Why You Should Never Play the Comparison Game

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He writes better than you do. She finishes projects faster than you can. They all have original languages in their fantasy worlds, and you just write in italics. Your friend already got published. You can’t help comparing your work to everyone else’s. It’s like scratching a mosquito bite. You know you shouldn’t, but you just can’t help yourself. Falling for the comparison game, however, is one of the greatest threats you will ever face to your success as a writer. Here are a few reasons why the game is rigged.

You Compare Yourself to More Experienced Writers

Practice makes perfect, and more experienced writers have much more practice than you do. Holding your work to high standards and working to improve your writing skills are both good things, but make sure you aren’t demanding instant perfection. The fact is, there is no “perfect” story, and there will always be someone with more experience and training. Remember, many great writers don’t even like their own work. You will always find someone with stronger characters, smoother sentences, or deeper plots. Keep in mind that someone may see your work the same way you view your idol’s. Be kind to yourself, just like you’d be kind to a student. Great writers continue to learn and evolve at every stage of their career.

You Compare Incomplete Work to Finished Pieces

Imagine comparing two chefs. One gets to finish preparing their meal. You judge the other based on the raw supplies they bring home from the grocery store. Sounds unreasonable and kind of weird, doesn’t it? That’s exactly what you do when you lament the quality of your first draft compared to the brilliance of another author’s revised, edited, proofread, and polished novel. It ultimately makes no sense. Don’t begrudge your newborn for being shorter than John Cena. It’s silly at best and it will give you a complex at worst.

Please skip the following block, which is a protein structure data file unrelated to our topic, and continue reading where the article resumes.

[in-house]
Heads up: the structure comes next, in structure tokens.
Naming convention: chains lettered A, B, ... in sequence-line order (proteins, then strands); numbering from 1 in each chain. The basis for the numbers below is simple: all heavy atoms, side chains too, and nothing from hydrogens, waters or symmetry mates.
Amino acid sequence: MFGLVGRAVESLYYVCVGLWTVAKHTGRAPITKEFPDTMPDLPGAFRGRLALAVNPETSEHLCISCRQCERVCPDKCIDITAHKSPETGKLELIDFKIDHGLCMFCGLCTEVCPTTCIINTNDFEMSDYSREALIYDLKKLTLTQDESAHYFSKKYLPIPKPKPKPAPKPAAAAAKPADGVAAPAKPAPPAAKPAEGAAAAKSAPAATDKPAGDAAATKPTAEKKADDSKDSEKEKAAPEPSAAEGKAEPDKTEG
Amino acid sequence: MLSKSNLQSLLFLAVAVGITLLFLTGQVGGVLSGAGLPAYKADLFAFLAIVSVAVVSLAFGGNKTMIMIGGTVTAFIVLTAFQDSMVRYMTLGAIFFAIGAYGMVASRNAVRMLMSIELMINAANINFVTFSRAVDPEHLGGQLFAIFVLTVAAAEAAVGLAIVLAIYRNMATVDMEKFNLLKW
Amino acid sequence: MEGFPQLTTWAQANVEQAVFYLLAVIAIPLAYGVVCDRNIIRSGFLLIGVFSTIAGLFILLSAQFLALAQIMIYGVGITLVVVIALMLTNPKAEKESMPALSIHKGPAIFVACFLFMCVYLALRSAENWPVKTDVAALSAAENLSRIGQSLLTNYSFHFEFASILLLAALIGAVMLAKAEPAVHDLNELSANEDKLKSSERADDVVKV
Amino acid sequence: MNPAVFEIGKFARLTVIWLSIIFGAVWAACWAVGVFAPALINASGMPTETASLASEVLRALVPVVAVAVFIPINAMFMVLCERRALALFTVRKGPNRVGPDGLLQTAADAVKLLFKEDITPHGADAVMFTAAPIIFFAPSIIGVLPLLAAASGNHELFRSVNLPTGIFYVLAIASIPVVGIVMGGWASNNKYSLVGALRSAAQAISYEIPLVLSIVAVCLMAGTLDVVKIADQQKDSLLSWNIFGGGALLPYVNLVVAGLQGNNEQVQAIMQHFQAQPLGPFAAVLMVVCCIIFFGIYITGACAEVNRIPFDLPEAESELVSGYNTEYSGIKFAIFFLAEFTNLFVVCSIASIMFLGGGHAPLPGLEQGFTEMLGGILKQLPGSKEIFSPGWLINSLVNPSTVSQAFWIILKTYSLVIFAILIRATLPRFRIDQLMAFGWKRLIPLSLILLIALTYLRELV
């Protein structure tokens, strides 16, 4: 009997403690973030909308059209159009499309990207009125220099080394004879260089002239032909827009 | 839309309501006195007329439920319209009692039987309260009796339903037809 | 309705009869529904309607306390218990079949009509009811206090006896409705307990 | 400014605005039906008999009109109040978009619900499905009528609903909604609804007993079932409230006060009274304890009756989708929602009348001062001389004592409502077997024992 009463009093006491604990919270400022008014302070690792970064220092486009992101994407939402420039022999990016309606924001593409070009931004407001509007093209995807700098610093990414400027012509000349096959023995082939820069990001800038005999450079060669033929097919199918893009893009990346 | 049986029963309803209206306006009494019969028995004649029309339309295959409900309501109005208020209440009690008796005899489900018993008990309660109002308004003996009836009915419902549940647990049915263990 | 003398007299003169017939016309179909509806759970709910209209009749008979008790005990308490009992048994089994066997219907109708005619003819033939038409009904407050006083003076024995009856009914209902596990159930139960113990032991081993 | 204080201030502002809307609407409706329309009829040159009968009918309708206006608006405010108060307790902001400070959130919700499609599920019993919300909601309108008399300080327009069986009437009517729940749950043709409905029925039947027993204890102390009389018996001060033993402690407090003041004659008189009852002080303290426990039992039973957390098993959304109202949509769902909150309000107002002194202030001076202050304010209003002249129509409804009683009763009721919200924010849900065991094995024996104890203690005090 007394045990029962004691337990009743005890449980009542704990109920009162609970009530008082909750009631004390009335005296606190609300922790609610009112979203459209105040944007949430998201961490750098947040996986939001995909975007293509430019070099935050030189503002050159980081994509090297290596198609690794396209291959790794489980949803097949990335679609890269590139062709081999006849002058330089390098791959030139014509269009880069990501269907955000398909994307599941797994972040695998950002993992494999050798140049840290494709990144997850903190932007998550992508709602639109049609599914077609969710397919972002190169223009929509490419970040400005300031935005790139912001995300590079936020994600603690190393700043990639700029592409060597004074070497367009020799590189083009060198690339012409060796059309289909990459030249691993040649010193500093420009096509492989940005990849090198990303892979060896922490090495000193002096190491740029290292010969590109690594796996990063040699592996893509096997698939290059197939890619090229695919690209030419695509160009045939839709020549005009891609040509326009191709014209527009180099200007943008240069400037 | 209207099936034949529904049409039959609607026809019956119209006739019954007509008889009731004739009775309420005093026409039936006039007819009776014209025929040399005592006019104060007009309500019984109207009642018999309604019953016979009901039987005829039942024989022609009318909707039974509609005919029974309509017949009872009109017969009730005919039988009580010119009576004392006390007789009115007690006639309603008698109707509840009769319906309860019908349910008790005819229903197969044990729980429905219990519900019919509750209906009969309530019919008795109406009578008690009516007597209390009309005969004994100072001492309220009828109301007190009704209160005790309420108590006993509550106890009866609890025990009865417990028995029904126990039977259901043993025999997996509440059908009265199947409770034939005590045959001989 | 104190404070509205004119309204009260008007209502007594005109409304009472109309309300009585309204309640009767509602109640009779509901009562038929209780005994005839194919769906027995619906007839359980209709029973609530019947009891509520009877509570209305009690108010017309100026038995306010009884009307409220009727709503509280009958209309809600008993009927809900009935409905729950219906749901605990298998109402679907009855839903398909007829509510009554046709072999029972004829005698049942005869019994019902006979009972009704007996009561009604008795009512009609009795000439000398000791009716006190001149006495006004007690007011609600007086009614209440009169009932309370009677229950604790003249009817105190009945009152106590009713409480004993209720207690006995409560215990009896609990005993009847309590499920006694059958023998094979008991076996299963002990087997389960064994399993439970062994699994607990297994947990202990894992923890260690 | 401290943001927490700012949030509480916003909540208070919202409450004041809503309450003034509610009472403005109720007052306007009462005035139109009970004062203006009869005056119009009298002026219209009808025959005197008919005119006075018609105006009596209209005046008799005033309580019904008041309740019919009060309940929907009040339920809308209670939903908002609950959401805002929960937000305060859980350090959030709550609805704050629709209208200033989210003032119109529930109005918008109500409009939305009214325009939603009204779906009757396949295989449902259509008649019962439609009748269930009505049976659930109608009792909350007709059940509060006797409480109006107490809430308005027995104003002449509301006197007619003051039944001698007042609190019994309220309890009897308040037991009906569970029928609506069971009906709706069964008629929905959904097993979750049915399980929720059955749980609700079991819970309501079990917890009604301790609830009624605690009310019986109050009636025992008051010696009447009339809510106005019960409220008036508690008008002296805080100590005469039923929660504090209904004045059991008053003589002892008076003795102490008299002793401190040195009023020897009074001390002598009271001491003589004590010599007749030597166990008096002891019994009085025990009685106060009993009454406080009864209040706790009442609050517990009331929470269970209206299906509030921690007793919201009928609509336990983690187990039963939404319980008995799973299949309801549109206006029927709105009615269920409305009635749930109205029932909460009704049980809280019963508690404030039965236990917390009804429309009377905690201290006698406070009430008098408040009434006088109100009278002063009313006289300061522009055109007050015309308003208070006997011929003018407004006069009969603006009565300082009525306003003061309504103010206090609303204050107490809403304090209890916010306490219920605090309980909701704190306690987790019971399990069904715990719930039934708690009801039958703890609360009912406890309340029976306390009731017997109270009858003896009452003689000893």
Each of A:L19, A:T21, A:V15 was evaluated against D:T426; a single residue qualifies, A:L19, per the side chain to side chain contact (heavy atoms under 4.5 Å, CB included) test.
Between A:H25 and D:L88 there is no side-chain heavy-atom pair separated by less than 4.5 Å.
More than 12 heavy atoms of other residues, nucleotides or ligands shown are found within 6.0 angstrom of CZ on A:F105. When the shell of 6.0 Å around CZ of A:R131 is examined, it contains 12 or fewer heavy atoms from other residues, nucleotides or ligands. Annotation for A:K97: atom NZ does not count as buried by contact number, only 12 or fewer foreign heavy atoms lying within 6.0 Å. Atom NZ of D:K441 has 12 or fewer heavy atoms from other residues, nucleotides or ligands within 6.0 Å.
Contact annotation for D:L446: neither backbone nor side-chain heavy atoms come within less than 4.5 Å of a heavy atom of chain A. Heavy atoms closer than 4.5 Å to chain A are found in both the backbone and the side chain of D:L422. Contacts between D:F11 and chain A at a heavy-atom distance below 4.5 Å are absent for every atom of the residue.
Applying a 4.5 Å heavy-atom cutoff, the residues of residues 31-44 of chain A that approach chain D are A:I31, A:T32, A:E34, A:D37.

You Write Things Other Writers Cannot

Every writer is unique. That sounds like a cliché, but it’s true. If you criticize your own work because it doesn’t look like someone else’s, you devalue the very things that help great writers succeed: unique voice, original ideas, and a fresh perspective. Your work does not need to look like Hemmingway’s prose. It doesn’t need the twists George R. Martin employs. Could your work be better? Sure! But only you can improve it. Editors and peer review partners will help you gain a better understanding of your own work, but the ideas, the characters, and the words all come from you. No other writer has what you do, so why compare apples and oranges?

Ultimately, comparing yourself to other writers is just bad for your writing. It compromises your drive and restricts your imagination. Fear holds you back and you ask “Is this good enough?” so often you fail to actually commit words to your story. Maybe your sentences tumble into each other and you forget how to use a comma half the time. That’s fine. You are still learning, and you always will be. Writing is a process. Comparisons only slow it down.


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